A funeral as a wedding
As for the myths, there are four fundamental myths specific for the cultural space of Moldova and Romania. (A note is in order here: the Moldovan and the Romanian peoples have the same roots, the same ancestors – Romans and north-eastern Thracians known to the historians as Dacians – and they speak the same language. Naturally, the folklore is common for both nations as well). The myth of Mioritsa is an allegory of death, describing the metaphysical representations of the world beyond. Mioritsa was a talking sheep who predicted the death of her master and told him that his two fellow shepherds were plotting to murder him and to take possession of his flock, as his sheep were bigger and fatter, his sheepdogs were braver and smarter, and his horses were faster and better trained. The magic sheep begs her master to flee for his life, but he only asks her not to tell her fellow sheep that he was murdered, but to tell them that he got married – thus, the death is allegorised by being substituted for a wedding of cosmic proportions. The shepherd describes his funeral-aka-wedding as a majestic ceremony hosted by the Sun, the Moon, and the stars, and attended by the trees, the mountains, the birds… The verse “at my wedding a star has fallen” is a metaphor, meaning that a human being is gone. The magic sheep becomes the executor of her master’s will, but the ballad has no ending, leaving room for interpretations. We never know whether the shepherd died or remained alive. The shepherding theme is not a random choice of the unknown narrator – it was one of the basic occupations of the Moldovan/Romanian people at the dawn of civilisation. This myth gave birth to a national tradition that is respected till presently: when a young unmarried man or woman dies, their funeral is arranged as a wedding, but, of course, with mourning instead of celebration.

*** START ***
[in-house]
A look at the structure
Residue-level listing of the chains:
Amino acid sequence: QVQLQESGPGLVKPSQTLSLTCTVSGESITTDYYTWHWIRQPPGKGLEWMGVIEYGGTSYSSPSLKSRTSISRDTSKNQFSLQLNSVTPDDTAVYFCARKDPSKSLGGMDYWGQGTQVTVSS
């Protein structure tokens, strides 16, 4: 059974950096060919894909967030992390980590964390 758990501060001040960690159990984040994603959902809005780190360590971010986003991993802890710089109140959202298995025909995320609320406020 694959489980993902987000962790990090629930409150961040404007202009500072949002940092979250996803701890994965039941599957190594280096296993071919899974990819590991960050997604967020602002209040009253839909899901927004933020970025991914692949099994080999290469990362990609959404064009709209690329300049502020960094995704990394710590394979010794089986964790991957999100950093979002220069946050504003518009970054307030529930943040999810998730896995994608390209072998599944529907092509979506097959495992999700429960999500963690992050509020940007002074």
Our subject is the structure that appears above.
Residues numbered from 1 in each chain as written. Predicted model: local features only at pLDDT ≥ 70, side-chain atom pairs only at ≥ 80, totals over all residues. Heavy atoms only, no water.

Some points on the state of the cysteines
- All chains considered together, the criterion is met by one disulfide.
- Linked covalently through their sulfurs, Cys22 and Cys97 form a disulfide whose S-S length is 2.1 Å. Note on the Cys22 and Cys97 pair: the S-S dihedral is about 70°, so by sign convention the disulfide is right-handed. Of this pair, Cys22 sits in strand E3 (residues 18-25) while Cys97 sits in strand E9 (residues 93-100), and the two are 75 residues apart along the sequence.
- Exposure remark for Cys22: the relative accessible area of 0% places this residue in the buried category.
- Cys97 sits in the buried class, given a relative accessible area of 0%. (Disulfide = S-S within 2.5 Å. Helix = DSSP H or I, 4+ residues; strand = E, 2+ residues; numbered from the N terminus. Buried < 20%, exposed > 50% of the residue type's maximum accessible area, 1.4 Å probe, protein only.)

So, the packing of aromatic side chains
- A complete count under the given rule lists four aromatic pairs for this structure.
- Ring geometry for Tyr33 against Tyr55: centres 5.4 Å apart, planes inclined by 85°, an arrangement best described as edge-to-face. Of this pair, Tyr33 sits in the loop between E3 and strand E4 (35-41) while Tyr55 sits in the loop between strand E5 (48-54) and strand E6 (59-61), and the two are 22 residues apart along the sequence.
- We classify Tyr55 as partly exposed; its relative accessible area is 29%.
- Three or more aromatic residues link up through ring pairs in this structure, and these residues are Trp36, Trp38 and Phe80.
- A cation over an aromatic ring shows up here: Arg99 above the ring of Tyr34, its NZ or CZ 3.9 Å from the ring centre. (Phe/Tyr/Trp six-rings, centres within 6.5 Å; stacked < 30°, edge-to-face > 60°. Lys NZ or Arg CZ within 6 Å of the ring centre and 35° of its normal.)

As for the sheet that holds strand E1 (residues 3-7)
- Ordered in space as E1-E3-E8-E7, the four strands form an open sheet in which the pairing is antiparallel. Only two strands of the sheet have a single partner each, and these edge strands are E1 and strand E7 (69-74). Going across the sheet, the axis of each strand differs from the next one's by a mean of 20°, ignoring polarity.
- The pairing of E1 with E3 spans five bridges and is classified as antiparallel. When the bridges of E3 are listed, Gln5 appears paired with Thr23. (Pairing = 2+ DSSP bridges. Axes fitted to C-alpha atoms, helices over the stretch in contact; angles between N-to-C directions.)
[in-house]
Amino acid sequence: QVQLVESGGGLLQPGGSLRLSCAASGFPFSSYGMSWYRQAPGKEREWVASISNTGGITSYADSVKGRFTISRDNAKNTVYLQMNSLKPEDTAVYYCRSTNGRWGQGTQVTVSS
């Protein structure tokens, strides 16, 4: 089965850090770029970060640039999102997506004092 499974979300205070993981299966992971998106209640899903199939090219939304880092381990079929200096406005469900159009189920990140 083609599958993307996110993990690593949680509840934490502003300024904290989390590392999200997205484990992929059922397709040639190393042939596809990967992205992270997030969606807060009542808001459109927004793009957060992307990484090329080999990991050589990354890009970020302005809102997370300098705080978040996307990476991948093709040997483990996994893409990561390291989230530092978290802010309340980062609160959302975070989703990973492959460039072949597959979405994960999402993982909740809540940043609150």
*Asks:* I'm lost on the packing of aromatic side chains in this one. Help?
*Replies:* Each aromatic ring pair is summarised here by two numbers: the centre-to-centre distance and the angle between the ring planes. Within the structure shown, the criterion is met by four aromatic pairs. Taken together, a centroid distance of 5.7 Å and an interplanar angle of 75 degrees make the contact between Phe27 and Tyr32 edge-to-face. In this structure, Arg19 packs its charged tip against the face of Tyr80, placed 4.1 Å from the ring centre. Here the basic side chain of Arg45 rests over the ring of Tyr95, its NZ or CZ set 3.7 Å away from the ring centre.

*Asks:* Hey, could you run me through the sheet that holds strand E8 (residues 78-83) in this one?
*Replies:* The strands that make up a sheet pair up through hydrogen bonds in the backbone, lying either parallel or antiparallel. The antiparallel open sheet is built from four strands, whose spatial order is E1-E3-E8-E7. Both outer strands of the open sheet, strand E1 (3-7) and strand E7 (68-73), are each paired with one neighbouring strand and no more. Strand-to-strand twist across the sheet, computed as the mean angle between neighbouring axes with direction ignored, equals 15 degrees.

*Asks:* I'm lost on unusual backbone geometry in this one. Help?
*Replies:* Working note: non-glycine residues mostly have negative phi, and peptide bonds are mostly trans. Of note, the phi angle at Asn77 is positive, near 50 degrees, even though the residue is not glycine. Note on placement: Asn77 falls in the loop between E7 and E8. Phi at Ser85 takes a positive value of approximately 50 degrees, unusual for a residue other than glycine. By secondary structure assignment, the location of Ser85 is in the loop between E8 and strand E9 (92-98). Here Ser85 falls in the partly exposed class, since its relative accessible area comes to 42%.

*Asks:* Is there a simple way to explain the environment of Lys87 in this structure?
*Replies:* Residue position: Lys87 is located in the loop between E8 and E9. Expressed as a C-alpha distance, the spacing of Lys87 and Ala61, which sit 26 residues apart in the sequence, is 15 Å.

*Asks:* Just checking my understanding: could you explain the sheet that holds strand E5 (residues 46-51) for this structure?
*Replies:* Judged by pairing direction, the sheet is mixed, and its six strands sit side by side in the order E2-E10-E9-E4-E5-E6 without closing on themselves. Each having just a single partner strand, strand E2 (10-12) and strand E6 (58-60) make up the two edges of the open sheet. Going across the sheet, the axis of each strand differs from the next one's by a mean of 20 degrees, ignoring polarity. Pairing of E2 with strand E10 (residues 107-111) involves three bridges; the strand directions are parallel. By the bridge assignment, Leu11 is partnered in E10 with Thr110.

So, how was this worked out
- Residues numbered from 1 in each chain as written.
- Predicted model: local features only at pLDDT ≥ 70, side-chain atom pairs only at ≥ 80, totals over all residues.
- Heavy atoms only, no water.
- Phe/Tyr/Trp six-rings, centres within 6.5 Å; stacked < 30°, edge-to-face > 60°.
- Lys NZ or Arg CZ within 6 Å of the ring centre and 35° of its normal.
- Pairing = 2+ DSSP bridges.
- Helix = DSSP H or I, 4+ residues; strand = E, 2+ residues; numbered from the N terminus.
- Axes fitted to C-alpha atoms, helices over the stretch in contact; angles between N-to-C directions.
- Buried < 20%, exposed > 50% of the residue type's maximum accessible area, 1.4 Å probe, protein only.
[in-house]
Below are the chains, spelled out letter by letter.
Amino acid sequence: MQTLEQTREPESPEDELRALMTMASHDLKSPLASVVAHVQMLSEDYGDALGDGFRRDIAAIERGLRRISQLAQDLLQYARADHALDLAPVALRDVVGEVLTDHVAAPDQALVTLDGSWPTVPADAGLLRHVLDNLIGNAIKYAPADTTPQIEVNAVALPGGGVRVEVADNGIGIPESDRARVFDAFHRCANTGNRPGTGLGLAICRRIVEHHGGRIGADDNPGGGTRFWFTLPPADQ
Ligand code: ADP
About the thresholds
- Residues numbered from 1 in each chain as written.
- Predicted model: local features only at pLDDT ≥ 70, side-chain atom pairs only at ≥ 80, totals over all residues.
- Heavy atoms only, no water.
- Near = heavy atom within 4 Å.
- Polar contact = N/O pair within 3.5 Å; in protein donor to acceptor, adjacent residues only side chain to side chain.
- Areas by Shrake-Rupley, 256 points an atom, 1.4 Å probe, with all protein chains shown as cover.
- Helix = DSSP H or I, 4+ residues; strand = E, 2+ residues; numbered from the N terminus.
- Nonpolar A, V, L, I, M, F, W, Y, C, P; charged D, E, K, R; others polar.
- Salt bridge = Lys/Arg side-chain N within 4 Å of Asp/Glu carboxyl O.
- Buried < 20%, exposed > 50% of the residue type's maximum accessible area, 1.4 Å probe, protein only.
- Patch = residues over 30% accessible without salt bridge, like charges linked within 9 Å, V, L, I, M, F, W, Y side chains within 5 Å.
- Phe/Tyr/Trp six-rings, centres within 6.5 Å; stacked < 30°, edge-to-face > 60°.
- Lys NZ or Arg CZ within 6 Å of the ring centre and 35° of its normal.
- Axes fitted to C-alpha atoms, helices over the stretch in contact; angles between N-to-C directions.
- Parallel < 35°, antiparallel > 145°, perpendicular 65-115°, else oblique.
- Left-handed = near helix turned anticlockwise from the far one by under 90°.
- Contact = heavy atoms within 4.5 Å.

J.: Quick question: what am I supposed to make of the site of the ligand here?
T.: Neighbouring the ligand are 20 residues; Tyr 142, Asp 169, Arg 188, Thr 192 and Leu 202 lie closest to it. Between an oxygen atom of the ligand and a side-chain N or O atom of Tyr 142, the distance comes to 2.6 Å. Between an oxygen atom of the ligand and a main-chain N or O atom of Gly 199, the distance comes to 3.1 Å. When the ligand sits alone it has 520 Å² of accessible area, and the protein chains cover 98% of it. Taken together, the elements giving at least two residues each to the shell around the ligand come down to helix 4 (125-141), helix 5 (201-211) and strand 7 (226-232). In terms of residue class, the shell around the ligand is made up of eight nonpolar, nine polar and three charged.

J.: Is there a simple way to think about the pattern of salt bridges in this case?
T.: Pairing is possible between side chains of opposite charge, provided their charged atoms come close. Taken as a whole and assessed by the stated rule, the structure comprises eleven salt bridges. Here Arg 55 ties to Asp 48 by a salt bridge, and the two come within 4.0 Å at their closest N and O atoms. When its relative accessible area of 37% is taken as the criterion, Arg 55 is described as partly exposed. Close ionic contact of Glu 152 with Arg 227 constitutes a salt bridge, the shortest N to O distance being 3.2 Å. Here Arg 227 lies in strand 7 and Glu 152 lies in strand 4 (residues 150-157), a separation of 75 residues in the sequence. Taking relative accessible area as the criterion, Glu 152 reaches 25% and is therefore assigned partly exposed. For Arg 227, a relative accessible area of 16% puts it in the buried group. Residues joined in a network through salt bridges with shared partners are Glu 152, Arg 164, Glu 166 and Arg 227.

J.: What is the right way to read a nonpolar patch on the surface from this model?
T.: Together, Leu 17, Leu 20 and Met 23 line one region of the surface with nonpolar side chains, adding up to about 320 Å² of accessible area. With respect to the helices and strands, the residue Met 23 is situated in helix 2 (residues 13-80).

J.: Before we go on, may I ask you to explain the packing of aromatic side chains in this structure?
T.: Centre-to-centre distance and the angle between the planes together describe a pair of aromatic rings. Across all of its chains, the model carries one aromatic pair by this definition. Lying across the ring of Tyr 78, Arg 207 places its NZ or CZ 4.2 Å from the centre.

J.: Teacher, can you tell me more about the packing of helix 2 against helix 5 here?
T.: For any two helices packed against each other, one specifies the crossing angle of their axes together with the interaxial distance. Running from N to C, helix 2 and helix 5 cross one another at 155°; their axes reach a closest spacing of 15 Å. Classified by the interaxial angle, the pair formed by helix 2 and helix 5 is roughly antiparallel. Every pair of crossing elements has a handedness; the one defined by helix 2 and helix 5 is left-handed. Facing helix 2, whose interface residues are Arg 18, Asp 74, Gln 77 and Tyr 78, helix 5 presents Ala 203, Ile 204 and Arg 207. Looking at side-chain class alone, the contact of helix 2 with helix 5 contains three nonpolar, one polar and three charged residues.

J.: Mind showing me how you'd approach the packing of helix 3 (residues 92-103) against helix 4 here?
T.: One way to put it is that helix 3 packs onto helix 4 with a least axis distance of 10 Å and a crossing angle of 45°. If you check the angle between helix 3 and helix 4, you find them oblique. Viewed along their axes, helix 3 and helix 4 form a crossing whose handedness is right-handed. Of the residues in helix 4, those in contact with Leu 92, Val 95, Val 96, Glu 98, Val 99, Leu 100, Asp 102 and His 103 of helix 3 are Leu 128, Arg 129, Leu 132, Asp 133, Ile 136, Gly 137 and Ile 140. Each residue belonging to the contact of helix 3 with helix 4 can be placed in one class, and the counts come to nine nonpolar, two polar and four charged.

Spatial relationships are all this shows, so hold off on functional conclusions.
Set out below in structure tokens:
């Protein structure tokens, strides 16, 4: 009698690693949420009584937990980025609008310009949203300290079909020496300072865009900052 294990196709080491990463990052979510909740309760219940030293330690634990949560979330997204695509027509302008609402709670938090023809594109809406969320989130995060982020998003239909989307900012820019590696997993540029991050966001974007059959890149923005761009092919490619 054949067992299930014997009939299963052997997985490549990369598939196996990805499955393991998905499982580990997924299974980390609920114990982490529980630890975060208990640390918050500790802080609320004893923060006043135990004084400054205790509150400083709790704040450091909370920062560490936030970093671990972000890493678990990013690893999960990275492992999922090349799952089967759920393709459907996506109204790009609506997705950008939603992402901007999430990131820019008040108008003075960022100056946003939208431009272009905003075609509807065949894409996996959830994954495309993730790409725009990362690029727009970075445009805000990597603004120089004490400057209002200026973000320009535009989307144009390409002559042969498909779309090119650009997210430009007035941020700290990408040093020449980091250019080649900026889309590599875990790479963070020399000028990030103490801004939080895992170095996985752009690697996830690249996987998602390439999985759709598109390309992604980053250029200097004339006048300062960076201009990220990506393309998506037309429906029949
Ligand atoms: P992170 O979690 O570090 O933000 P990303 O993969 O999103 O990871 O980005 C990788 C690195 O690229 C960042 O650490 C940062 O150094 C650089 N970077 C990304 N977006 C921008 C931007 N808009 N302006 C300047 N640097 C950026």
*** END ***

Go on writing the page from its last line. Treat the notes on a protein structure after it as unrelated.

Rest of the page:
Traian and Dokia – unfulfilled love
The myth of Traian and Dokia represents, although quite paradoxically, the birth of the nation, the amalgamation of two peoples – the Romans and the Dacians. Traian the Roman Emperor, a real historic character, the conqueror of the Dacian territories, has allegedly fallen in love with Dokia, the Dacian king’s daughter. As the war was lost, her father has committed suicide, so that he wouldn’t be taken to Rome as a prisoner, that is why Dokia could never love the Roman emperor who caused her father’s death. The emperor chased her through the forest to the Ceahlau Mountain (presently on the territory of Romania), where he finally caught her. But Dokia prayed to the Holy Virgin to save her, and as Traian reached out to hug the girl, she transformed into a stone statue. The Christian element of the legend is perfectly justified, as the doctrine of Christ was brought to our people by none other but the Apostle Andrew (according to Eusebius, a historian of the Antiquity).
There is another version of Dokia’s myth (although I personally like the first one as it is more romantic). In the early days of spring a woman took her sheep to graze, but as the sun shone brighter, she took off her nine coats one by one. But then, the sun hid beneath the clouds, and it got very cold, so cold that the woman froze and became a stone statue (it’s quite weird how she transformed in stone because of the cold, but that’s what the legend says). Since then, and till presently, the first days of March, when snow and cold are intermingled with sunshine and warmth, and you never know what to think of the weather (and what to wear), are called Dokia’s days.